To better explain the purpose of the inquiry: I don't seek "energy efficiency" due to an intention to power the project from a battery (i.e. not to extend the off-grid life). Vice versa - I plan to power the Arduino Mega through VIN pin with switched source (have acquired MEAN WELL LRS-100-12 = 12V/8,5A, 90W for that purpose).

However there will be quite some input peripherals - besides of switches also 5pcs of inductive proximity sensors, rotary encoder (200 ticks per rotation - this one to be connected via interrupt pin) and some other. And also some outputs - approx. 16 pcs of relay modules for instance.

Nearly all pins of the Arduino Mega shall be depleted despite using CD74HC4067 multiplexer for some of the static switches. I'm OK with programming this however practicalities of electric circuit and its implications are my weak spot. So the implication of the length of cables (approx. 15 meters now) is one. And secondly - while googling for advice I came across a warning that relay modules draw quite some energy => concern about reducing impact of all other elements down as much as possible so I don't "overload" the Arduino.

I want to have some of the switches connected directly (through individual pins) since another concern is Arduino's computing power - will it refresh through the loop function fast enough (with all the processing of the inputs) to give decent user experience on pushing the buttons (i.e. so that the push won't pass by undetected).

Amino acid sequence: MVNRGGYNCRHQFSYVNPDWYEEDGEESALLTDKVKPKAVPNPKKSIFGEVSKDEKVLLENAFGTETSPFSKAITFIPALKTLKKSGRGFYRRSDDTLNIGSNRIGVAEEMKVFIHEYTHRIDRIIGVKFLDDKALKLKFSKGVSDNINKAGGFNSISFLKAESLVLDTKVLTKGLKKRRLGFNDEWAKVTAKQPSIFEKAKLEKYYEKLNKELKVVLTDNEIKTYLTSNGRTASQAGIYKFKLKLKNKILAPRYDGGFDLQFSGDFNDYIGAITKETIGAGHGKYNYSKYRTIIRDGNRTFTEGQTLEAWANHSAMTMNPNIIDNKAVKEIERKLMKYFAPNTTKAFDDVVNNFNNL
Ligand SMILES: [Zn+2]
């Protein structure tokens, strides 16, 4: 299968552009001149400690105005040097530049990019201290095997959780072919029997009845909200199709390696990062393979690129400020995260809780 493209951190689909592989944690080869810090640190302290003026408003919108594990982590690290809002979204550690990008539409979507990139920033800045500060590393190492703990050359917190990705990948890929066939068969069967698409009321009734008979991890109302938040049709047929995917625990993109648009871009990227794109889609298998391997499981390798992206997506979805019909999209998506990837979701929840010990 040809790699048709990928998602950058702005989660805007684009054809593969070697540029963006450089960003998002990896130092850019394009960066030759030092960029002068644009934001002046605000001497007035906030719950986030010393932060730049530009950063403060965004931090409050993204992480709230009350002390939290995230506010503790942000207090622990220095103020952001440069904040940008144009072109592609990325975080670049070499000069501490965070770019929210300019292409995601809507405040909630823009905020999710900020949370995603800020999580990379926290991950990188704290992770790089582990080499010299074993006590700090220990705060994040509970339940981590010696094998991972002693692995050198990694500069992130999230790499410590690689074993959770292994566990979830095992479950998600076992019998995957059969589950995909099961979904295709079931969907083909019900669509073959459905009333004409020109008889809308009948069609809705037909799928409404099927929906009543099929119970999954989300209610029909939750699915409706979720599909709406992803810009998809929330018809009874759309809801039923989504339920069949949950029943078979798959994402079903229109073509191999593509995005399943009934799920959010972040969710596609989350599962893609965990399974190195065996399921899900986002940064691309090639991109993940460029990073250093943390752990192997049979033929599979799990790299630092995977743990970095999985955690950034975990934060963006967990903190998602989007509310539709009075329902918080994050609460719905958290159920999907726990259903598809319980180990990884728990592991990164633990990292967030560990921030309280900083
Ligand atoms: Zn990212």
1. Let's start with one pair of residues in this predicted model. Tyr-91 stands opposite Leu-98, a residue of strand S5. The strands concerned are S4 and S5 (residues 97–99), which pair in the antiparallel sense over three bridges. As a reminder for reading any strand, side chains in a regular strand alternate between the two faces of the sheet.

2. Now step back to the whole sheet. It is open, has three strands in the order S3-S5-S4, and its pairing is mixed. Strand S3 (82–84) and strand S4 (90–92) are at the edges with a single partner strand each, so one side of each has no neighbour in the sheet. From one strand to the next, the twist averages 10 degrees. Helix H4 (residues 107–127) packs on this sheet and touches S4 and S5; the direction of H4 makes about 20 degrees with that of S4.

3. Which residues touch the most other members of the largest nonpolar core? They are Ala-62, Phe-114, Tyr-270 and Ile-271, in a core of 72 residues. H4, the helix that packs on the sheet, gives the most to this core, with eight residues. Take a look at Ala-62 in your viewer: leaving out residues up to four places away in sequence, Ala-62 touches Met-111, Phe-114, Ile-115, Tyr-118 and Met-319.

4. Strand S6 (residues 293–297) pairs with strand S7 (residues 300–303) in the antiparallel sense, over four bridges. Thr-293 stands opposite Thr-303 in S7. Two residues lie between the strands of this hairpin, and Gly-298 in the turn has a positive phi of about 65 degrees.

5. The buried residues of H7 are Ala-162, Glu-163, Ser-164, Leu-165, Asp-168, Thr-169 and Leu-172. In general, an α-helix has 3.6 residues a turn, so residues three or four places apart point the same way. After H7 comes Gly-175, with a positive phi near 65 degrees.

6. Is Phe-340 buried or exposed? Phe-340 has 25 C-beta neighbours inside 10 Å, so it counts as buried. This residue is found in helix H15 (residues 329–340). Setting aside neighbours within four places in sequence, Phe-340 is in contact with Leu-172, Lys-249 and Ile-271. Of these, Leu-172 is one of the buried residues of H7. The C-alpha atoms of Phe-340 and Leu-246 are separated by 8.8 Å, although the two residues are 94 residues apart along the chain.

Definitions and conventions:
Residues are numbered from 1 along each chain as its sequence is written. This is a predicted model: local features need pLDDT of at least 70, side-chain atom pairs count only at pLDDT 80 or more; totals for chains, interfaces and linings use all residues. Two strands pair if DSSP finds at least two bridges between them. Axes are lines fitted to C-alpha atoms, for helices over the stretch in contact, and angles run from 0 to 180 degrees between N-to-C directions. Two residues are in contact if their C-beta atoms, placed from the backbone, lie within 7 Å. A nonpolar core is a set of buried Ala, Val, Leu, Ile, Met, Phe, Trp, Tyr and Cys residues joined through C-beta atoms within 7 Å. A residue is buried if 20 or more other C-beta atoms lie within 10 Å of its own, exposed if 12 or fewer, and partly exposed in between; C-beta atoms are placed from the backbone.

So the once concern that led me to starting this thread was an impact of "permanently on" switches and general conclusion I take from the thread is that with a proper pull-up resistor in the path the impact of the el. current consumption is negligible and I should experiment with the of the pull-up in case of erratic behavior due to cable lengths.

In the meantime I hope to have solved the relay riddle too - the array of 16 relays I've acquired has an external power connector too - so it will be powered directly from the power source and not via Arduino (or so I hope).

Zed42

Just connect and use the internal (30K to 50K pullups).
Even the remote ones; they are not switching at high speeds, and unless your wire is really high resistance, the chip will read a low properly. Add a 10K pullup if you see any erratic behavior.
That I don't quite get - other posts suggest that in case of meeting any erratic behavior I should rather decrease the value of the external pull up from 10K down to e.g. 4K. You suggest adding an external 10K one on top of the internals - i.e. increasing it. Or?

Thank you very much for the original answer already - no intention to be ungrateful - just trying to understand.

BTW, I plan using regular UTP Ethernet cable for provisioning the remote connectivity (unless it's a bad idea?)